Head West to See a Ferruginous Hawk
Learn what a ferruginous hawk looks like, what foods are on the menu, and where to find this uncommon bird of prey in North America.
What Does a Ferruginous Hawk Look Like?
The ferruginous hawk is the largest buteo found in the United States, measuring 23 inches long with a 56-inch wingspan. The word “ferruginous” means containing iron or rusty in color. Adults are mostly pale with reddish-brown colored shoulders and leg feathers.
To identify them, look for a wide head and long wings that are broader at the base and narrow toward the tips.
“The ferruginous hawk has been somewhat elusive to photograph in Badlands National Park. I have often seen this mighty raptor soaring in the cloudless blue skies above the ragged butte tops. I would also see it sitting on the top of a weathered butte far from me. So I was pleased as I saw this regal hawk (above) perched on a fence post. What a wonderful end to a beautiful day in South Dakota,” says reader Sandra Short Bull.
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This raptor is so large, you might mistake it for an eagle. Some light colored red-tailed hawks have similar markings but they are slightly smaller overall and lack leg feathers. Dark-morph ferruginous hawks may also resemble rough-legged hawks. A useful field mark is lack of dark striping on the tail.
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Range and Habitat
These birds of prey are uncommon and mostly solitary, pairing up for breeding. Look for them in arid Western grasslands and open farm fields. They perch on posts and poles and may sit on the ground.
Their range stretches northward into Montana, the Dakotas, Idaho, Washington and Oregon during the summer breeding season. They winter throughout the southwestern states and into Mexico.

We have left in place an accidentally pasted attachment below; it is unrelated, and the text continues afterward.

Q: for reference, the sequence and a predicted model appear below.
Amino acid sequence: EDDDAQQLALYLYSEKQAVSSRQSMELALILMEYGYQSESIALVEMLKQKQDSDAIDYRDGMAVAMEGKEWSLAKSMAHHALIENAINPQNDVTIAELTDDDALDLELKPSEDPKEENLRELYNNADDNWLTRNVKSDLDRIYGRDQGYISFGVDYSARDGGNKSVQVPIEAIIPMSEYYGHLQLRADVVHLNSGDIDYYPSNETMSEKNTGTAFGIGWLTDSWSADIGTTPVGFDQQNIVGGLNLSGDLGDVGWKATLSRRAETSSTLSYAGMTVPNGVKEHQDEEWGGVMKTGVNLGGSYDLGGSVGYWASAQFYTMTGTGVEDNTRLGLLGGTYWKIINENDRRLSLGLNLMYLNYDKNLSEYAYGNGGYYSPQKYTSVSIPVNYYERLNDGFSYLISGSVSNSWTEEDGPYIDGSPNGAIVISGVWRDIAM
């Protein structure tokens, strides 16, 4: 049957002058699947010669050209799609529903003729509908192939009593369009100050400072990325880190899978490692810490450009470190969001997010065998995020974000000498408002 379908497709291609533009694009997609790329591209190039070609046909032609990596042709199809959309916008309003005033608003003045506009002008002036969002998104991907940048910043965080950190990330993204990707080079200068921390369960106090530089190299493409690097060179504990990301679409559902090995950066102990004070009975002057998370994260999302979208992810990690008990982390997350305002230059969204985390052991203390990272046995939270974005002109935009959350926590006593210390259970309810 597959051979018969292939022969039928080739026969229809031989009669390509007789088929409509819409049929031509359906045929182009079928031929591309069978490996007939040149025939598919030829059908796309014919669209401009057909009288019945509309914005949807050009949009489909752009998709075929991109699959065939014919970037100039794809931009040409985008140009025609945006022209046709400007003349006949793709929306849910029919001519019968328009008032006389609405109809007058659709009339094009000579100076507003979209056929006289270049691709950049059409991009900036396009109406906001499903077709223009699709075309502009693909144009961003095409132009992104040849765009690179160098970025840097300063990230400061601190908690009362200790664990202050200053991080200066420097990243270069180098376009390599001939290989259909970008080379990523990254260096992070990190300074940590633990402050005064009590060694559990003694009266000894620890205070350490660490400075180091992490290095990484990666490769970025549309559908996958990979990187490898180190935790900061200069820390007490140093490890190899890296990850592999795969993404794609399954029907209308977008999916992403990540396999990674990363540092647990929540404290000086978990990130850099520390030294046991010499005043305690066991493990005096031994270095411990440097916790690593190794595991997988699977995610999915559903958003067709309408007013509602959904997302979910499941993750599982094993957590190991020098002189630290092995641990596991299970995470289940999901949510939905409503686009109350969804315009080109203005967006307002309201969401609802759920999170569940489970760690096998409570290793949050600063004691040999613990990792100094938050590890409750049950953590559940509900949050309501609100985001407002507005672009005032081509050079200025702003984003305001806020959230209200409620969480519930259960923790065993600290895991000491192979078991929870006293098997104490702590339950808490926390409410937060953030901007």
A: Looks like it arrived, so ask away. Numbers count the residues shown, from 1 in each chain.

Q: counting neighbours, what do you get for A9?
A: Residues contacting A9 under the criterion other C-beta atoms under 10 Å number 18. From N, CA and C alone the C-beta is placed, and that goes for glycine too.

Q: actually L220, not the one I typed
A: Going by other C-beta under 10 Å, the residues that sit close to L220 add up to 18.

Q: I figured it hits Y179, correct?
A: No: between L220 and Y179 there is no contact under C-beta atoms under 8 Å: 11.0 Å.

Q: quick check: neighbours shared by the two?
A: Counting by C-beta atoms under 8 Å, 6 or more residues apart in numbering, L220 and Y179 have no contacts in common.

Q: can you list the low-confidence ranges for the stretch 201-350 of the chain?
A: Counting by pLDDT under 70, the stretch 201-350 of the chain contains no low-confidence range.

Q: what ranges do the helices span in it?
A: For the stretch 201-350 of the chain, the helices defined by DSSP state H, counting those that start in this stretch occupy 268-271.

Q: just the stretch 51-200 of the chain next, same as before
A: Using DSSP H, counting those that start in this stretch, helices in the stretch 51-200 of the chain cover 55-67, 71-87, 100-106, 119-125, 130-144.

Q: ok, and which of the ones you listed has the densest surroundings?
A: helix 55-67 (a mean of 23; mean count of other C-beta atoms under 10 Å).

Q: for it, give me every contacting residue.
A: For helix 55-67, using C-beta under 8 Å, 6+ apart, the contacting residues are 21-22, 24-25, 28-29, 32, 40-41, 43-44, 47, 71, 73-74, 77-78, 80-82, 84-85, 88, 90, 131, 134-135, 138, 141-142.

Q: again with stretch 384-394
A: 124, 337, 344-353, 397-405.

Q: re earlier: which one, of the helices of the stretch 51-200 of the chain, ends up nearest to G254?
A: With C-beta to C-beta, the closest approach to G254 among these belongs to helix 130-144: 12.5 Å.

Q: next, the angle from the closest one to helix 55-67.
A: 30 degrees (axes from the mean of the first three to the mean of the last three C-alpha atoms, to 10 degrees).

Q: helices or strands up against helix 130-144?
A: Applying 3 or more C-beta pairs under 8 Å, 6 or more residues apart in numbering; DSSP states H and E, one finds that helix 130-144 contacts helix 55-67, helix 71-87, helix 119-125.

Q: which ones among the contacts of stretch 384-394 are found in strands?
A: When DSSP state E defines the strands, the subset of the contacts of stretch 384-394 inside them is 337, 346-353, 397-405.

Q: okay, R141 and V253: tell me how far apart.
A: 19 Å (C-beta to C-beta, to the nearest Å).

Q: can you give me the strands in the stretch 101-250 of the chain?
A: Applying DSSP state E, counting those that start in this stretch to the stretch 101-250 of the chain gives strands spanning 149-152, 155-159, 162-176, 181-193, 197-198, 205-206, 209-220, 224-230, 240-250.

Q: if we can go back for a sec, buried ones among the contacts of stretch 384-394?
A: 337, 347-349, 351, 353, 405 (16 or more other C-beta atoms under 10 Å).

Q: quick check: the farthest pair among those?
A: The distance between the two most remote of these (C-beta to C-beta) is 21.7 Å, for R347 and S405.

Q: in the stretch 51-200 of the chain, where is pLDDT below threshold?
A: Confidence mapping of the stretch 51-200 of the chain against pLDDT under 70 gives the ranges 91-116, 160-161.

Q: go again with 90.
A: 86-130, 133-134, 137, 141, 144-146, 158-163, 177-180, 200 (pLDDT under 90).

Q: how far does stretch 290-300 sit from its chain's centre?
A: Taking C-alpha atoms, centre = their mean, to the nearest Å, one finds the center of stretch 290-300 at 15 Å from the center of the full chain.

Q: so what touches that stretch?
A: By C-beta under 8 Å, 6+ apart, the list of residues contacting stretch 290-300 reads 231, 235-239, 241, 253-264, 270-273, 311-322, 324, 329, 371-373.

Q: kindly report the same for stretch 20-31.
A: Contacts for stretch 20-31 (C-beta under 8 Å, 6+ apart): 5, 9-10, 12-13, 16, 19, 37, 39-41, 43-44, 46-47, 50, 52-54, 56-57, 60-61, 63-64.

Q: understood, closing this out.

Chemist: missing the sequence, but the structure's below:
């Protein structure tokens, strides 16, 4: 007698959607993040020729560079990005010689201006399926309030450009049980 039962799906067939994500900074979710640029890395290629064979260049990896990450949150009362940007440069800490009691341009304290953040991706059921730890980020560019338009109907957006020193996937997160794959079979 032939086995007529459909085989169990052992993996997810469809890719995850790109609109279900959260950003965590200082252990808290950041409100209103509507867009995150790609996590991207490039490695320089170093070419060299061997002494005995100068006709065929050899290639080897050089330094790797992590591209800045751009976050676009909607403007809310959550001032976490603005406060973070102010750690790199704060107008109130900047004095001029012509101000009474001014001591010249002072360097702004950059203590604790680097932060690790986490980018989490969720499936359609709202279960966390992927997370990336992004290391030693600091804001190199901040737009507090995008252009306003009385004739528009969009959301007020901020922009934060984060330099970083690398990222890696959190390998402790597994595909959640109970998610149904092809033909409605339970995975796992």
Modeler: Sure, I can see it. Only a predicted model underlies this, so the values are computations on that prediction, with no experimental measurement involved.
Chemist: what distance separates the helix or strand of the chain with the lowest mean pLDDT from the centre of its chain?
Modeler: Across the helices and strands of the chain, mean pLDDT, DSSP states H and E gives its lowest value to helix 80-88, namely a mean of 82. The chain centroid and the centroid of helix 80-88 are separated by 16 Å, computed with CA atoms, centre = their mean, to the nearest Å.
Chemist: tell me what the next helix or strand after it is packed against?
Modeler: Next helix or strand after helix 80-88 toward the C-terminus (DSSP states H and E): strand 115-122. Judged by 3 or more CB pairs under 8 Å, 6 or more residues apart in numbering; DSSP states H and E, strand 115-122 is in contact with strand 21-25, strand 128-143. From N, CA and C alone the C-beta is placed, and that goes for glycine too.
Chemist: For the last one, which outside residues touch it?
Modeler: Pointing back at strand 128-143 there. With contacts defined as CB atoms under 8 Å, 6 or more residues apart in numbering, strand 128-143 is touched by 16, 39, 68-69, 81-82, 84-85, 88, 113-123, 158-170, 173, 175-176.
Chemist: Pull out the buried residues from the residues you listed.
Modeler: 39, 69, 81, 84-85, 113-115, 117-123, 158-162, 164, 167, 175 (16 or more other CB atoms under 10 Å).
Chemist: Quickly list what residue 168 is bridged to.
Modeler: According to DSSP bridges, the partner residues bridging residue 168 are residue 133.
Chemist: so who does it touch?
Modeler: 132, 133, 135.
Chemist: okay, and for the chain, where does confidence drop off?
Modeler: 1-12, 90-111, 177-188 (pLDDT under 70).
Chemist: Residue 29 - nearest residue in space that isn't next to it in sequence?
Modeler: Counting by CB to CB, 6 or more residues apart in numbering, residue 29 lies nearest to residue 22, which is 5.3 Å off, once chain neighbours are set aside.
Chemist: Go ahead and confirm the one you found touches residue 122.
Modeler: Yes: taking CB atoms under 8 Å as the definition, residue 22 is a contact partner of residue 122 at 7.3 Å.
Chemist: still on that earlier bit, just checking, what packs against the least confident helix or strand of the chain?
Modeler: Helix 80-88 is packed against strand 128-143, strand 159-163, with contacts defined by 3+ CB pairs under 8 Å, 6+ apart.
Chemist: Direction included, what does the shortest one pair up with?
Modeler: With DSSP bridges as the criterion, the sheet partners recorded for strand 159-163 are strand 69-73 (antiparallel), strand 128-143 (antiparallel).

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Ferruginous hawks hunt small mammals such as gophers, ground squirrels, rabbits and prairie dogs, diving down from the air or a nearby perch, or waiting in front of a burrow to snag an unsuspecting rodent.
“Driving through the Rocky Mountain Arsenal wildlife refuge last December. I spotted this juvenile ferruginous hawk sitting on a fencepost. A number of photographers had pulled their cars over, but he was absolutely fine with all the fuss. I think it was because he had just finished a good meal (notice the red stain on his chest). I took this photo with my Canon 70D with a Tamron 70 – 300 lens,” says reader Cathie Katz.
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These birds build large, bulky nests in isolated trees or on rocky outcrops and cliffs. They may reuse the same nesting site year after year. A typical clutch includes two to four light colored eggs, which hatch in a little more than a month. Fledglings leave the nest around 40 to 5o days later.
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Call and Sounds
Listen for a distinctive keeyah sound when adult birds are near the nest. Their call is lower in pitch than other buteos’ calls.
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